Salient to Investors:
No Fed tightening was a sensible decision. The Fed is in a trap: low interest rates have raised global equity markets, whose collapse in August helped in preventing the Fed from raising rates.
Most British homeowners have variable rate mortgages so while interest rate cuts staved off a potential disaster in the housing market, the UK housing market did not return to more affordable price levels as it did in the US.
May Rostom at the Bank of England says:
- The ratio of house prices to first-time buyer incomes in London is 9.4 versus 2.6 in 1996 and 7.2 at the last peak in London.
- The 1971-1980 and 1981-1990 birth cohorts face sharply rising debts to get on the housing ladder but their incomes have not risen near as fast.
- Since 1995, the debt of older generations has barely budged, while that of those aged 25-45 has shot up in real terms. A world where younger households reach 65 and still have debt is possible.
- The widening wealth inequality across income or socioeconomic categories is also across generations as the low-rate regime has boosted asset prices for the older generations that own the assets.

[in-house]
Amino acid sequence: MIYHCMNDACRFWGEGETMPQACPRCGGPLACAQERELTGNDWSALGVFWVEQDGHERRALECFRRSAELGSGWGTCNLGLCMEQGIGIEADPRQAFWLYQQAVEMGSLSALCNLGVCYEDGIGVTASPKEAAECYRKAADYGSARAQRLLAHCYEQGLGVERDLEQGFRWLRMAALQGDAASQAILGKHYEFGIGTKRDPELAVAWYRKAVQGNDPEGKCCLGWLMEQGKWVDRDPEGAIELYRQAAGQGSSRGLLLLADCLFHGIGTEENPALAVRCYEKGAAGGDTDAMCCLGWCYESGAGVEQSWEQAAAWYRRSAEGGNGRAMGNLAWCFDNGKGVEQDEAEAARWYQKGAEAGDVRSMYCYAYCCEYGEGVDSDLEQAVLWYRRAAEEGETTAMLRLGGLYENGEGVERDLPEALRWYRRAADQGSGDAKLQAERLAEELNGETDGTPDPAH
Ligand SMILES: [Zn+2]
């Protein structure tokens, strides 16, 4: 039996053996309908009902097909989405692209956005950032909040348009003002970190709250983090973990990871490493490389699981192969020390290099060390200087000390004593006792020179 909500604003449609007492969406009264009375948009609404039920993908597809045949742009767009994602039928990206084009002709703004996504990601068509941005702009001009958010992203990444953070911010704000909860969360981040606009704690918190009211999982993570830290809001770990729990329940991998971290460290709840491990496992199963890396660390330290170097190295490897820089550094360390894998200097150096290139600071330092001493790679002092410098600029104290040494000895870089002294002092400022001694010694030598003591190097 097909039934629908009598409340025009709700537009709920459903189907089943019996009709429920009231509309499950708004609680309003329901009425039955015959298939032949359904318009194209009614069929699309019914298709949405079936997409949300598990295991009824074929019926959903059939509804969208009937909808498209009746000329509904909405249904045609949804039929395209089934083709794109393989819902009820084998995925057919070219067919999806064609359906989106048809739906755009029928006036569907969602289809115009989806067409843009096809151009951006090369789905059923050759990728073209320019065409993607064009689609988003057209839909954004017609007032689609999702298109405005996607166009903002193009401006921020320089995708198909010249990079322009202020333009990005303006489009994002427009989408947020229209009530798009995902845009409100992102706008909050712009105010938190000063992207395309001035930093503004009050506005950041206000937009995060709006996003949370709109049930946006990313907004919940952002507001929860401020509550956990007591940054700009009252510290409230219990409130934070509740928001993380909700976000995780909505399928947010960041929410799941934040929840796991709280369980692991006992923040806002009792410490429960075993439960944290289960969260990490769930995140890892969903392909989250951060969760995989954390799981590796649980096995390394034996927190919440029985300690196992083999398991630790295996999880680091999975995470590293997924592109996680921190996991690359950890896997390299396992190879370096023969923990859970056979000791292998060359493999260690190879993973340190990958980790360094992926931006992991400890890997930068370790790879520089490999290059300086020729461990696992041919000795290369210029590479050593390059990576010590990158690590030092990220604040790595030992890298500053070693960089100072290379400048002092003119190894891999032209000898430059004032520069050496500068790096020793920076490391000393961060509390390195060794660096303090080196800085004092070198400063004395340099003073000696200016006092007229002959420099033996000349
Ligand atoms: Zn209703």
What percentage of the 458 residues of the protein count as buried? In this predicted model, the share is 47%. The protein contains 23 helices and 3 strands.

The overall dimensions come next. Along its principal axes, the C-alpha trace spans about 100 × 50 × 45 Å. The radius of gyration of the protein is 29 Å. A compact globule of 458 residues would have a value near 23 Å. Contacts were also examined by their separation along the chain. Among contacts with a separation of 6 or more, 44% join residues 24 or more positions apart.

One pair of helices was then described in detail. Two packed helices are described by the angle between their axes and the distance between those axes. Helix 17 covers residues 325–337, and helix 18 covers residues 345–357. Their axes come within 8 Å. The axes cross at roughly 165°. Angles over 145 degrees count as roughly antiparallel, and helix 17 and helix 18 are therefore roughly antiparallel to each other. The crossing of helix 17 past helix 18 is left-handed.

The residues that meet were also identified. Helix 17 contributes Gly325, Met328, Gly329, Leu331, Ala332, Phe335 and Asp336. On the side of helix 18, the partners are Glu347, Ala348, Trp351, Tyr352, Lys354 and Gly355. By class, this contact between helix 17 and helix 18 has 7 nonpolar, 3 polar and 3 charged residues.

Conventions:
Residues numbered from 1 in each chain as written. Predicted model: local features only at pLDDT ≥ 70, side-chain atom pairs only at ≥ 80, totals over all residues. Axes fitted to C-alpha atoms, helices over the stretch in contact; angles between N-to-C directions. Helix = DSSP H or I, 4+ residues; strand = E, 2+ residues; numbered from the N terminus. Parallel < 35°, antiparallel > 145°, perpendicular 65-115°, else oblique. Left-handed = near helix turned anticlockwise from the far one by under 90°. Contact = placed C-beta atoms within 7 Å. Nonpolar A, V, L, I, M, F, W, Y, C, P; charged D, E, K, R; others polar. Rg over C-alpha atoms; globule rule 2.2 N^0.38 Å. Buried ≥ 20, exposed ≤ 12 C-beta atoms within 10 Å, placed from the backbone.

The Bank of England is in a trap: if it raises interest rates and forces down house prices, young people not yet on the housing ladder would benefit, but for those with high debts, it would be a disaster. Building more houses is not enough: even Savill’s forecast of a 55% rise in homebuilding over a 5-year period would produce only 167,000 units in 2018, versus the 240,000 needed.
Read the full article at http://www.economist.com/blogs/buttonwood/2015/09/asset-markets-and-monetary-policy
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